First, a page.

As we all know, on the sports field, the referee is the one who keeps order and makes the call. He is expected to make the call.
If, when it comes to a tough call, the ref is silent, the repercussions are widespread. Fans become belligerent. Players become aggressive. Games, with no authority, descend into chaos.
The reasons may vary. The ref may be scared to offend; worried about an appearance of impartiality; worried about his job security; or concerned that a call may cause controversy.
The reasons are irrelevant. Whatever they are, if the players and crowd don’t perceive a game is being called fairly, look out.
With that in mind, let us examine the debate over President Trump’s executive order on a travel ban to the United States. Congress is the ref and its lack of initiative in making a call is creating just the scenario in which fans and players take a path into chaos.
It is the Congress which should shoulder the blame, not the Judiciary, and its 435 members should stand accountable for any security issues with immigrants that emerge.
Don’t get me wrong. The Judiciary loses vast credibility but, after decades of wantonly legislating from the bench without guidance from Congress, are we really surprised with this latest opinion by the 9th Circuit Court?
While this battle between the Executive and Judiciary continues, the branch that holds the power on immigration remains silent and idle. Ambiguity in an immigration argument between the Executive and the Judiciary? The Legislative branch can rein in either one — if it so chooses.
It has done so before. The 39th and 40th Congresses reined in the Judiciary in the realm of its Reconstruction Acts, and took away the court’s jurisdiction to even hear the case. If those within the Legislative Branch disagree with Executive policy, it can and should step-up and back the very Presidential authority they have provided — or rescind it. Those 435 men and women can provide the necessary clarification.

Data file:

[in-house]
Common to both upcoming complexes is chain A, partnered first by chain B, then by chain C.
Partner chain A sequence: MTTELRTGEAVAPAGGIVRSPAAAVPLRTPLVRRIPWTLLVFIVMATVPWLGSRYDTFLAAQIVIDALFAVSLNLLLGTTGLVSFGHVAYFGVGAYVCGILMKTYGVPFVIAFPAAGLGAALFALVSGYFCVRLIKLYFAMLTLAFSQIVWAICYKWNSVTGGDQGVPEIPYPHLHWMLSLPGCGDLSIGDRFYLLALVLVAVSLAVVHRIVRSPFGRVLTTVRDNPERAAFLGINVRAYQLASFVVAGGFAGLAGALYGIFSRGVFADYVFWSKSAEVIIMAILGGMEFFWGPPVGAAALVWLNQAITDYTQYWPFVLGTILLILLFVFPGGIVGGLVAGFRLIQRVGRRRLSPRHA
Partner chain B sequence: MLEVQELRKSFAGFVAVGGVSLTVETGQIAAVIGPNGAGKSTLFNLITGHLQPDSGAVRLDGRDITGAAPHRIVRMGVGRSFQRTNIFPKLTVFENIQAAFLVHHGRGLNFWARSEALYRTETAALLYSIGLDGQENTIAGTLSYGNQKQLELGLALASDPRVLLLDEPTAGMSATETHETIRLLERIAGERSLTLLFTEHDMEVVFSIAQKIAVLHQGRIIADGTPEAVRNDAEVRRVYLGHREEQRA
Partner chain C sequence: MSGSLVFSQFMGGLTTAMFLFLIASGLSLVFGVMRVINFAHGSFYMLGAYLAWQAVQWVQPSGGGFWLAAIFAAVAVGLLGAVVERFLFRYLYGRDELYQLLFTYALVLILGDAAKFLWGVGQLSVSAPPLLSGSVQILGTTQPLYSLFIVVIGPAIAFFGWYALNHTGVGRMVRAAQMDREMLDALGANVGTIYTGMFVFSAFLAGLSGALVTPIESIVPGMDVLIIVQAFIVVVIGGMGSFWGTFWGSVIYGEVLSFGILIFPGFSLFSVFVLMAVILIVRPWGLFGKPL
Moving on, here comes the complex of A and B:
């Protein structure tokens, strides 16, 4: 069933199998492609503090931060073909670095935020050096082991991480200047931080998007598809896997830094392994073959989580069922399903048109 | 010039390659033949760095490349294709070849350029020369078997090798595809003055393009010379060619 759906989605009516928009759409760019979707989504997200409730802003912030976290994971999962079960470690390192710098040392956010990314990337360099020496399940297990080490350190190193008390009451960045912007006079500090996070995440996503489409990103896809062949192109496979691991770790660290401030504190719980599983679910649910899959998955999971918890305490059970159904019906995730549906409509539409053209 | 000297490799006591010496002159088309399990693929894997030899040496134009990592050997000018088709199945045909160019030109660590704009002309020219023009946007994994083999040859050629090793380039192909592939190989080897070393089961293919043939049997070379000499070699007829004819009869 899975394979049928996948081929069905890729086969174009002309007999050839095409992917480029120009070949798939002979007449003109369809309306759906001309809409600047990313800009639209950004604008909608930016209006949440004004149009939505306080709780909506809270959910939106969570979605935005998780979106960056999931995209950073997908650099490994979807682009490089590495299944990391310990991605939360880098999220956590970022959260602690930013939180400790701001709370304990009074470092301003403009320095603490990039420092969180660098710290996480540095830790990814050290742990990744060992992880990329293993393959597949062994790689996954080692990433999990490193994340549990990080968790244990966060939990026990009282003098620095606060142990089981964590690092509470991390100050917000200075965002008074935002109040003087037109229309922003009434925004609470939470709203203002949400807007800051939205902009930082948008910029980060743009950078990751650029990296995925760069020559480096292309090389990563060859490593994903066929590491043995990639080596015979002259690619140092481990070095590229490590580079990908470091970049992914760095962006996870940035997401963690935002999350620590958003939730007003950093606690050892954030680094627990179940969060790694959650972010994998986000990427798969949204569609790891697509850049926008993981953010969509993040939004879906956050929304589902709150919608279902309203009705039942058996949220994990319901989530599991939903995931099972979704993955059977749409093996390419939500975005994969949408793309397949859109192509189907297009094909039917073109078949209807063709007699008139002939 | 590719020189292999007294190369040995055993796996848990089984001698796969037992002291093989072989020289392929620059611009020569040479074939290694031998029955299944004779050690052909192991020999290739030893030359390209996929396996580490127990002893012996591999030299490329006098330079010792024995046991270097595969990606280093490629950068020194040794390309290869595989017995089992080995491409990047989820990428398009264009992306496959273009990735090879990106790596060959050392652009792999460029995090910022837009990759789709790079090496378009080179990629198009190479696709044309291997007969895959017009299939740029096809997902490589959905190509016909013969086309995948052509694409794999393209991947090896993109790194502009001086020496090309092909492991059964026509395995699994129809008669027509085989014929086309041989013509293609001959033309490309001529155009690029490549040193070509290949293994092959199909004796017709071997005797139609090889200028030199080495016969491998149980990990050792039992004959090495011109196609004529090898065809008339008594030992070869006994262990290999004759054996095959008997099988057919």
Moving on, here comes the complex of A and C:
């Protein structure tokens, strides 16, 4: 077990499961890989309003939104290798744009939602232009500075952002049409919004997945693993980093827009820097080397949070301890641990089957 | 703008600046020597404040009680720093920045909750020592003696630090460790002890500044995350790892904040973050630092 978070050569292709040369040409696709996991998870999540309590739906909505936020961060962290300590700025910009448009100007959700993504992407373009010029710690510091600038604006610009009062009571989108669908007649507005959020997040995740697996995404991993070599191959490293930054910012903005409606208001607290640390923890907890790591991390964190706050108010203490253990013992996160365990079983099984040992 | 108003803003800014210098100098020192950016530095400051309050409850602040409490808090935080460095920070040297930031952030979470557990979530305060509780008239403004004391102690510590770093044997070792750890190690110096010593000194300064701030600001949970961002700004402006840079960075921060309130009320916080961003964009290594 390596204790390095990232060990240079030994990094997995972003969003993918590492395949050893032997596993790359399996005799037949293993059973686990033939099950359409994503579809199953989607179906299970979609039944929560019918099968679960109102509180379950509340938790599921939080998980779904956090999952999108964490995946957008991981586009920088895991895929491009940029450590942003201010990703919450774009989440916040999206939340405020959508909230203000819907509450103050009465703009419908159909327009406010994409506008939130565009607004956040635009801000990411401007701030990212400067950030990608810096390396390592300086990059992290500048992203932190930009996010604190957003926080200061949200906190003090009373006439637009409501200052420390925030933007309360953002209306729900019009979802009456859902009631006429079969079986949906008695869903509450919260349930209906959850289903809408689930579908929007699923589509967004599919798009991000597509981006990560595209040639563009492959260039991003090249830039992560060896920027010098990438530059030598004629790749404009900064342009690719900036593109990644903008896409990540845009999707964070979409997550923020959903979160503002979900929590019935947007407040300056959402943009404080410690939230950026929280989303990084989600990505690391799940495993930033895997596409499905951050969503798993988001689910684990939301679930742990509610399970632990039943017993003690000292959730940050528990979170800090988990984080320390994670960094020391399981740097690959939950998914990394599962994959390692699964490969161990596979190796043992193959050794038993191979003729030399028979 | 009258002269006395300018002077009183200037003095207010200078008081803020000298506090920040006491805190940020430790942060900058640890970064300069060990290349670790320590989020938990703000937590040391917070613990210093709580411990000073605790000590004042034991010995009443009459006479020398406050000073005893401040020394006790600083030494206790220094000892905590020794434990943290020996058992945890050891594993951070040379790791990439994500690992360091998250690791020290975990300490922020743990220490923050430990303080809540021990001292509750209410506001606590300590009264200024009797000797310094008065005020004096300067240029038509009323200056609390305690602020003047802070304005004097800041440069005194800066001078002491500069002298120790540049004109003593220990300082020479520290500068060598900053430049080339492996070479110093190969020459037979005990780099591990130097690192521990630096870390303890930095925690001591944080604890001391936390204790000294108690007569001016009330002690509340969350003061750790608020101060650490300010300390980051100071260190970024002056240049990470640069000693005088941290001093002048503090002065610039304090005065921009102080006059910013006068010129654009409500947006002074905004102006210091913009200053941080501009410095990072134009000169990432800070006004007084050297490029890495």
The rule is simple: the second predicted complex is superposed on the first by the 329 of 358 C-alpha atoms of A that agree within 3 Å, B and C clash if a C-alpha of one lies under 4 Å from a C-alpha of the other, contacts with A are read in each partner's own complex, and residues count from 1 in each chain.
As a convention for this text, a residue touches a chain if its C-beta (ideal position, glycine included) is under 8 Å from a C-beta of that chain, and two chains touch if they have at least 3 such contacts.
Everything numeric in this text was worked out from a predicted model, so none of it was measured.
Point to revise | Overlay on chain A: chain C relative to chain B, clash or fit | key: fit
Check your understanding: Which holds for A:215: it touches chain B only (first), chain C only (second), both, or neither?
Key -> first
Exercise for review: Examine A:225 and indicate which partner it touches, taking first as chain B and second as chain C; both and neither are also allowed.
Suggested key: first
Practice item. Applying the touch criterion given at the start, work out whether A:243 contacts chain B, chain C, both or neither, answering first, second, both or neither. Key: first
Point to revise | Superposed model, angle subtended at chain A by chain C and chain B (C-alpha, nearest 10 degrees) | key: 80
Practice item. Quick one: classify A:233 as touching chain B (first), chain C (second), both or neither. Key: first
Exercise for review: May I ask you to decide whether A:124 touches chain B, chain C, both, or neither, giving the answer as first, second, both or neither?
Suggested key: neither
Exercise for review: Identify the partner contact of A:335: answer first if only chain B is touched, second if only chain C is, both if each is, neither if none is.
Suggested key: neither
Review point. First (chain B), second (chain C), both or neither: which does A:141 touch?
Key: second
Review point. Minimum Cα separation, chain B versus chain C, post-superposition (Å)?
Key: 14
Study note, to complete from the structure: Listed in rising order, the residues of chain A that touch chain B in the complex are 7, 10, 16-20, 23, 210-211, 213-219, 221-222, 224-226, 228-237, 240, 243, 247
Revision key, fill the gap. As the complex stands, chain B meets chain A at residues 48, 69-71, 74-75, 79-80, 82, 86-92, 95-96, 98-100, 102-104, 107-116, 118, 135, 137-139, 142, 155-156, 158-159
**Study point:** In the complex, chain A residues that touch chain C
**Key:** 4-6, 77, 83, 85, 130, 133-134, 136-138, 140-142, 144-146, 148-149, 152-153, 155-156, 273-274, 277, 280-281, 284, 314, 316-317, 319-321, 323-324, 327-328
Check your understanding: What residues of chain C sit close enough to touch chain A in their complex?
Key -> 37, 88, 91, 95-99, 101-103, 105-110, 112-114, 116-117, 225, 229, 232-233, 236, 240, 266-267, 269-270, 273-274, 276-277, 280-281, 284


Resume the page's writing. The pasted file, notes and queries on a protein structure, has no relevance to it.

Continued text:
Many think times change with a new sheriff in town. But, a strong sheriff surrounded with the same timid and self-serving posse –Congress—can bring about paltry long- term change.
In abdicating its power and hiding from fights in which is should constitutionally engage, Congress has contributed to a shredding of freedoms. Moreover, it has left voters with little influence between major elections.
Most look to the judiciary as a kind of perpetual referee. They are wrong. Both Lincoln and Jefferson have affirmed this. In this instance, we need to change the paradigm of who we believe to be the referee.
Yes, the Judiciary often plays a key role in resolving conflicts. Not here.
The referee is the one to whom the power has been delegated.
There is no doubt where this power lies in regards to immigration. Article 1 Section 8 of the Constitution states clearly that Congress is empowered to, “establish an uniform rule of naturalization.”
What it does not say is that the Congress has the power to “establish an uniform code of naturalization” if:
- It makes reasonable arguments as to why they made the law and explain it to us (Judiciary).
- People are not inconvenienced by the implementation of the law.
- Families are not separated.
- The economy is not impacted.
- All people are treated the same no matter what.
- State Universities are not impacted.
- The hiring of foreign scholars is not curtailed.
- Students “educational success” opportunities are not thwarted.
- Continued research is not prevented.
- Travel is not impaired to foreign aliens.
- People leaving this country will be allowed to return.
- It is a moral and just law.
- Religious minorities do not have preference.
- The public interests are not infringed per the Judiciary.